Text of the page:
That's why Amazon has been such a long-term winner. But short term? This is a quarter where all of the so-called "in the know" analysts have said that Amazon is going to spend too much this quarter and the reported number on April 21 could be very disappointing. So the other day, I pointed this out, and what happens? The stock rallies for five days and the yahoos on Twitter (TWTR) come out with guns blazing saying either that I kept them out of the best stock ever or I made them sell it ahead of a fantastic run.
All I was really trying to do was warn people that there's a monster amount of chatter about a potential guide down when the company reports. I think it's my duty to tell you what I am hearing.
What do I really think of Amazon? I typically like to do my own work, but there are instances where I recognize that my analysis is inferior to others, and in the case of Amazon I defer to Bob Peck, the man I call the Sun King, over at SunTrust. I call him that because he has kept me positive through the usual vicissitudes of owning a stock such as Amazon.
He provides a valuable perspective pointing out that Amazon Web Services, which is the single-largest provider of cloud infrastructure globally, could be worth $100 billion. That's right, $100 billion. That means the actual company that you know as Amazon isn't as expensive as it seems, even at almost $300 billion in market capitalization. Amazon Web Services is the new mall -- you hire them and they get the job done better than you can.
I could easily say don't worry about the quarter. Yet, if you do that and it turns out to be the heavy-spend quarter, then I will hear about it for the rest of my life. People will play the clip endlessly. So I offer the caution not to get you out, but to tell you about a potential speed bump that might be too jarring for you.
Just remember if it really gets whacked that there is a division that's worth a ton of money that's not even reflected in the valuation.
For those of you who want to know how insane all of this short-term thinking is, almost two years ago we did our live show from Villanova. What a grand time! I remember Starbucks (SBUX), which along with Apple also is part of the Action Alerts PLUS portfolio, reported right while we were filming the show. The stock had ran into the quarter, and the moment the number was reported it got hammered mercilessly down almost three points. I looked at the number during the commercial break. Better earnings. Better same-store sales. A big guide up in forecast. I thought it was insane that it was being crushed.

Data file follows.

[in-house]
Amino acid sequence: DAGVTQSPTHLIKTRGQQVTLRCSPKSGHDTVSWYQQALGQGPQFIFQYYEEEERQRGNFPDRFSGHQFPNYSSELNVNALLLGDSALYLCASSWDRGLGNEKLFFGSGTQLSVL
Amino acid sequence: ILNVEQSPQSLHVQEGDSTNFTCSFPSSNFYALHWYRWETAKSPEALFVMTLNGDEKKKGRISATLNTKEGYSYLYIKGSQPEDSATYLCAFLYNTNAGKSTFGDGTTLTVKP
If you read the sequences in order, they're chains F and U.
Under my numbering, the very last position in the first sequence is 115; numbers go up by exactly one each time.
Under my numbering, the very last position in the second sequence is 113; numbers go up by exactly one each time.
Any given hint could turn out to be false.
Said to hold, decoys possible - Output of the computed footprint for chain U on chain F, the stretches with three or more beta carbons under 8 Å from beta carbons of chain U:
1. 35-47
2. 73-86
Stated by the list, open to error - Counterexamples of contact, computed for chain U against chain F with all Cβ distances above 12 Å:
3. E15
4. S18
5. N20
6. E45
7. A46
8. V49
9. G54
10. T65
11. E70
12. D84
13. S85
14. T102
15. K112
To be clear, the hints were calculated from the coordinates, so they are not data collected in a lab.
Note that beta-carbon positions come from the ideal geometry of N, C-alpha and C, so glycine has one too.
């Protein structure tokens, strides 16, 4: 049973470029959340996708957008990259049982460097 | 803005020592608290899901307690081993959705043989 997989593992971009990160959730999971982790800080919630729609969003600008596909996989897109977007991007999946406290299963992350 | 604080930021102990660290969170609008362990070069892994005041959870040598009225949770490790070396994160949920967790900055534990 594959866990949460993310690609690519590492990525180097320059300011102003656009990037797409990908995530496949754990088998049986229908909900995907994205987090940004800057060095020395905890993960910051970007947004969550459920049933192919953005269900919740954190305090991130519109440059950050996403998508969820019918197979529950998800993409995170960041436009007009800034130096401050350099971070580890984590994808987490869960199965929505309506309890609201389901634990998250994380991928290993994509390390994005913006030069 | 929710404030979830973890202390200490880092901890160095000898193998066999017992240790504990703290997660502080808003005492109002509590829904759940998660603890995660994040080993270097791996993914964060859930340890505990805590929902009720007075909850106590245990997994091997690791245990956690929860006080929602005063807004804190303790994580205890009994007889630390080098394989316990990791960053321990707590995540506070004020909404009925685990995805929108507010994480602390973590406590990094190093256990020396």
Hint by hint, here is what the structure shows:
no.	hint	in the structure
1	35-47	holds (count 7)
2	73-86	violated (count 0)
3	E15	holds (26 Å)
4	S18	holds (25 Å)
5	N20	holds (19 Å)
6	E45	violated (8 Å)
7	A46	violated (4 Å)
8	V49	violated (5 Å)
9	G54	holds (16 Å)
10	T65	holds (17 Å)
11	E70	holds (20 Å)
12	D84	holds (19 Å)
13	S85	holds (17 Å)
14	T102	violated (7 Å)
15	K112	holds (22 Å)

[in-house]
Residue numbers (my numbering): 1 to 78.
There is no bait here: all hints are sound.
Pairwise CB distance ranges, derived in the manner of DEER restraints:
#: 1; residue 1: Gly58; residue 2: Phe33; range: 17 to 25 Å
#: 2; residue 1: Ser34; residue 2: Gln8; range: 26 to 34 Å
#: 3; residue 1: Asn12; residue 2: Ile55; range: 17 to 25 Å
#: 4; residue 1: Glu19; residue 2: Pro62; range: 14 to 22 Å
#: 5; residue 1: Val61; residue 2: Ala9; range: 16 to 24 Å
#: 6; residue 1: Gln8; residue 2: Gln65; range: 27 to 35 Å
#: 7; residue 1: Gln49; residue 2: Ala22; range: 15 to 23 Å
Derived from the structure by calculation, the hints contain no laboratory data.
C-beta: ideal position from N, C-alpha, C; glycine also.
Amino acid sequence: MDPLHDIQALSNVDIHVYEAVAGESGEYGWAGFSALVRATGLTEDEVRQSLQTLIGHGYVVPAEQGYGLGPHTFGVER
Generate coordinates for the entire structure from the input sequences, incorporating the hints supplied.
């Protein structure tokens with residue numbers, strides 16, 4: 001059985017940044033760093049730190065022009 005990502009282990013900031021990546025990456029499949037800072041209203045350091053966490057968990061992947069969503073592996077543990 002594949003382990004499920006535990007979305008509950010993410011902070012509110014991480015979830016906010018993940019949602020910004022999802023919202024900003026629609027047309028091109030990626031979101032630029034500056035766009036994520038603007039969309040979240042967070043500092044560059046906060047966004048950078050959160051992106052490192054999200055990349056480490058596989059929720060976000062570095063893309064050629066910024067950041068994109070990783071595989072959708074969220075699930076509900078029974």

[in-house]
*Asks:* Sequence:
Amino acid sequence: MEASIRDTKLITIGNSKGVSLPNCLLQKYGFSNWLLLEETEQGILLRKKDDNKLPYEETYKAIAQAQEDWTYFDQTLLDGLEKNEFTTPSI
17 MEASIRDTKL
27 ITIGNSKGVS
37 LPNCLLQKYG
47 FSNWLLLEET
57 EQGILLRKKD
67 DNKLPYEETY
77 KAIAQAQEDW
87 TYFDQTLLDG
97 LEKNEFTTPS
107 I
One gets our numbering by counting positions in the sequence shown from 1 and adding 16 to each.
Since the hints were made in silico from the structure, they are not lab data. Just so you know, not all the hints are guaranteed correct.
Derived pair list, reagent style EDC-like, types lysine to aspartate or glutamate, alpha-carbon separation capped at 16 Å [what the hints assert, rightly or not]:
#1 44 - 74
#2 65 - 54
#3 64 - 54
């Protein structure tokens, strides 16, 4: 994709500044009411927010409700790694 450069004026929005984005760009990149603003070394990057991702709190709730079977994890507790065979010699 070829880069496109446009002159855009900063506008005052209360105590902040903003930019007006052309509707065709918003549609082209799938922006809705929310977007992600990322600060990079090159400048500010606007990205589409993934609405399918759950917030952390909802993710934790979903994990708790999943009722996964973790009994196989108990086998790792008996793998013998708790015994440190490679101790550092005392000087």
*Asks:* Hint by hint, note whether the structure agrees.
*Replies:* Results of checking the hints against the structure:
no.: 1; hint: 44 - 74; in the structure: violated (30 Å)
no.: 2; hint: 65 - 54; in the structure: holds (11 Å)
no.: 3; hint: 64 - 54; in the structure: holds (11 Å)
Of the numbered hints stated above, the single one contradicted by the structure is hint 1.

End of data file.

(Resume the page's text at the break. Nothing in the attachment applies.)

I also thought, though, that I should have said if the stock runs ahead of the quarter it could give up some of the gains and then some.
Now for a sweet bit of coincidence: Tomorrow, Jay Wright, the coach from the Nova team that won the NCAA men's basketball title, will be ringing the opening bell and Starbucks will be reporting next week. Once again, I am hearing that the quarter may not be a barn burner and there is a chance that this stock could get socked. A junior analyst over at Deutsche Bank pretty much said so the other day.
Yet, when I look back at the chart of Starbucks that includes that day at Nova, you know what? I can't even see the decline. In fact, the stock has exactly doubled since that day at the fieldhouse.
Thank heavens I kept my mouth shut. So as we roll through earnings season, let's keep this thought in mind: Stocks don't always get it right in the short term, and if you play the short-term game, I think that you, too, might not get it right, either.